Although the specific photodiode examples described throughout this disclosure are p-n-p type photodiodes, the use of a peninsula-shaped transfer gate is also broadly applicable to other photodiode types such as n-p-n photodiodes. Although the example of a peninsula-shaped transfer gate described herein is utilized in a BSI pixel cell architecture, it may also be utilized with other architectures such as an FSI pixel cell. In addition, peninsula shapes other than those forming a "T" will result in similar reduction of potential barrier between the photodiode and the floating drain, and fall within the scope of this disclosure. Further, the photodiode described herein could be placed in any orientation with respect to the peninsula-shaped transfer gate.
FIG. 6 illustrates an embodiment of an imaging system 600. Optics 601, which can include refractive, diffractive or reflective optics or combinations of these, are coupled to image sensor 602 to focus an image onto the pixels in pixel array 604 of the image sensor. Pixel array 604 captures the image and the remainder of imaging system 600 processes the pixel data from the image.
Image sensor 602 comprises a pixel array 604 and a signal reading and processing circuit 610. In one embodiment, image sensor 602 is a backside illuminated (BSI) image sensor including a pixel array 604 that is two-dimensional and includes a plurality of pixels arranged in rows 606 and columns 608, but in other embodiments it could be a front side illuminated (FSI) image sensor or an image sensor that combines BSI with FSI. In one embodiment, one or more of the pixels in pixel array 604 can be one of the pixel embodiments shown in FIGS. 4A-4B or 5A-5B, but in other embodiments of pixel array 604 one or more of the pixels can be any of the variations discussed herein.
During operation of pixel array 604 to capture an image, each pixel in pixel array 604 captures incident light (i.e., photons) during a certain exposure period and converts the collected photons into an electrical charge. The electrical charge generated by each pixel can be read out as an analog signal, and a characteristic of the analog signal such as its charge, voltage or current will be representative of the intensity of light that was incident on the pixel during the exposure period.
Illustrated pixel array 604 is regularly shaped, but in other embodiments the array can have a regular or irregular arrangement different than shown and can include more or less pixels, rows, and columns than shown. Moreover, in different embodiments pixel array 604 can be a color image sensor including red, green, and blue pixels designed to capture images in the visible portion of the spectrum, or can be a black-and-white image sensor and/or an image sensor designed to capture images in the invisible portion of the spectrum, such as infra-red or ultraviolet.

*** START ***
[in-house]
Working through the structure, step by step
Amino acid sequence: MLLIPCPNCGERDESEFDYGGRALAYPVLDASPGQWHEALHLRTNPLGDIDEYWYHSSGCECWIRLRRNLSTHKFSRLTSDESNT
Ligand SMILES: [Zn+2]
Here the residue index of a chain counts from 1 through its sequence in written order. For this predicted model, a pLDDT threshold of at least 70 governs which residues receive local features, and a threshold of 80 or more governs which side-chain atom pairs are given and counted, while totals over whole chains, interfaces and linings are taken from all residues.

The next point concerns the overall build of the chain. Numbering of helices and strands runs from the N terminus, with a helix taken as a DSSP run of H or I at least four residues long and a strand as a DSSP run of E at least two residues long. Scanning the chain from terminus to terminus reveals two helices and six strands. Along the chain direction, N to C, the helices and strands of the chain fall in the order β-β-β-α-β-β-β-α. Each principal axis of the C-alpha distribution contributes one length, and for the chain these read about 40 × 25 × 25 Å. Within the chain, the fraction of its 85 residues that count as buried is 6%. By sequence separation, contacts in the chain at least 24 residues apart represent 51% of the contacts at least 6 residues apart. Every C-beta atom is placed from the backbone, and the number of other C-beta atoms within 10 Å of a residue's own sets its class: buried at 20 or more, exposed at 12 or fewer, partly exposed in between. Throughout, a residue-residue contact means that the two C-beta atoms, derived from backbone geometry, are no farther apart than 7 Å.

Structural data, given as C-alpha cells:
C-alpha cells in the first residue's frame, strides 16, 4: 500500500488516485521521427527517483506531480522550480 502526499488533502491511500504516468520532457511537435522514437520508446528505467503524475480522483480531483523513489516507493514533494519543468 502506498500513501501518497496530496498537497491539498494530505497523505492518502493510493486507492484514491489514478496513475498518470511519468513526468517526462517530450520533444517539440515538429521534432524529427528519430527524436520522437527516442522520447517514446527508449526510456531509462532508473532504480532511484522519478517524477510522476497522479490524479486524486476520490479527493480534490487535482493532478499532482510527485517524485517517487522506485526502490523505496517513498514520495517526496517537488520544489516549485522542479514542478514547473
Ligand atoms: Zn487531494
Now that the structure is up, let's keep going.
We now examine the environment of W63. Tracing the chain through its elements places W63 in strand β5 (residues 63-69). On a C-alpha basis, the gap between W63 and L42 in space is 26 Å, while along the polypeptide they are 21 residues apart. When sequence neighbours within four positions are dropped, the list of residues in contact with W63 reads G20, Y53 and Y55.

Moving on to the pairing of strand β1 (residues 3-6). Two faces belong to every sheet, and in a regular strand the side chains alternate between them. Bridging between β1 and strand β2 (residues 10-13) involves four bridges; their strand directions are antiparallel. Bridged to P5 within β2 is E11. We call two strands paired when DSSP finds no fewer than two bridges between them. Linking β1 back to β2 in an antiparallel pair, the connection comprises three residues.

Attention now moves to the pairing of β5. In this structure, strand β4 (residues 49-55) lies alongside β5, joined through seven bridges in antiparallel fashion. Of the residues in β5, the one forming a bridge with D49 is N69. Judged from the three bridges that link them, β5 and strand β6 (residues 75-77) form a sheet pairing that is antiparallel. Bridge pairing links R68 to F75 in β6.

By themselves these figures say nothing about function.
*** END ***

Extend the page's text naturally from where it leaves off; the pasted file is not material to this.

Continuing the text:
Image sensor 602 includes signal reading and processing circuit 610. Among other things, circuit 610 can include circuitry and logic that methodically reads analog signals from each pixel, filters these signals, corrects for defective pixels, and so forth. In an embodiment where circuit 610 performs only some reading and processing functions, the remainder of the functions can be performed by one or more other components such as signal conditioner 612 or digital signal processor (DSP) 616. Although shown in the drawing as an element separate from pixel array 604, in some embodiments reading and processing circuit 610 can be integrated with pixel array 604 on the same substrate or can comprise circuitry and logic embedded within the pixel array. In other embodiments, however, reading and processing circuit 610 can be an element external to pixel array 604 as shown in the drawing. In still other embodiments, reading and processing circuit 610 can be an element not only external to pixel array 604, but also external to image sensor 602.
Signal conditioner 612 is coupled to image sensor 602 to receive and condition analog signals from pixel array 604 and reading and processing circuit 610. In different embodiments, signal conditioner 612 can include various components for conditioning analog signals. Examples of components that can be found in the signal conditioner include filters, amplifiers, offset circuits, automatic gain control, etc. In an embodiment where signal conditioner 612 includes only some of these elements and performs only some conditioning functions, the remaining functions can be performed by one or more other components such as circuit 610 or DSP 616. Analog-to-digital converter (ADC) 614 is coupled to signal conditioner 612 to receive conditioned analog signals corresponding to each pixel in pixel array 604 from signal conditioner 612 and convert these analog signals into digital values.
DSP 616 is coupled to analog-to-digital converter 614 to receive digitized pixel data from ADC 614 and process the digital data to produce a final digital image. DSP 616 can include a processor and an internal memory in which it can store and retrieve data. After the image is processed by DSP 616, it can be output to one or both of a storage unit 618 such as a flash memory or an optical or magnetic storage unit and a display unit 620 such as an LCD screen.
The above description of illustrated embodiments of the invention, including what is described in the abstract, is not intended to be exhaustive or to limit the invention to the precise forms disclosed. While specific embodiments of, and examples for, the invention are described herein for illustrative purposes, various equivalent modifications are possible within the scope of the invention, as those skilled in the relevant art will recognize. These modifications can be made to the invention in light of the above detailed description.
The terms used in the following claims should not be construed to limit the invention to the specific embodiments disclosed in the specification and the claims. Rather, the scope of the invention is to be determined entirely by the following claims, which are to be construed in accordance with established doctrines of claim interpretation.
Patent applications by OMNIVISION TECHNOLOGIES, INC.
Patent applications in class Special photocell or electron tube circuits
Patent applications in all subclasses Special photocell or electron tube circuits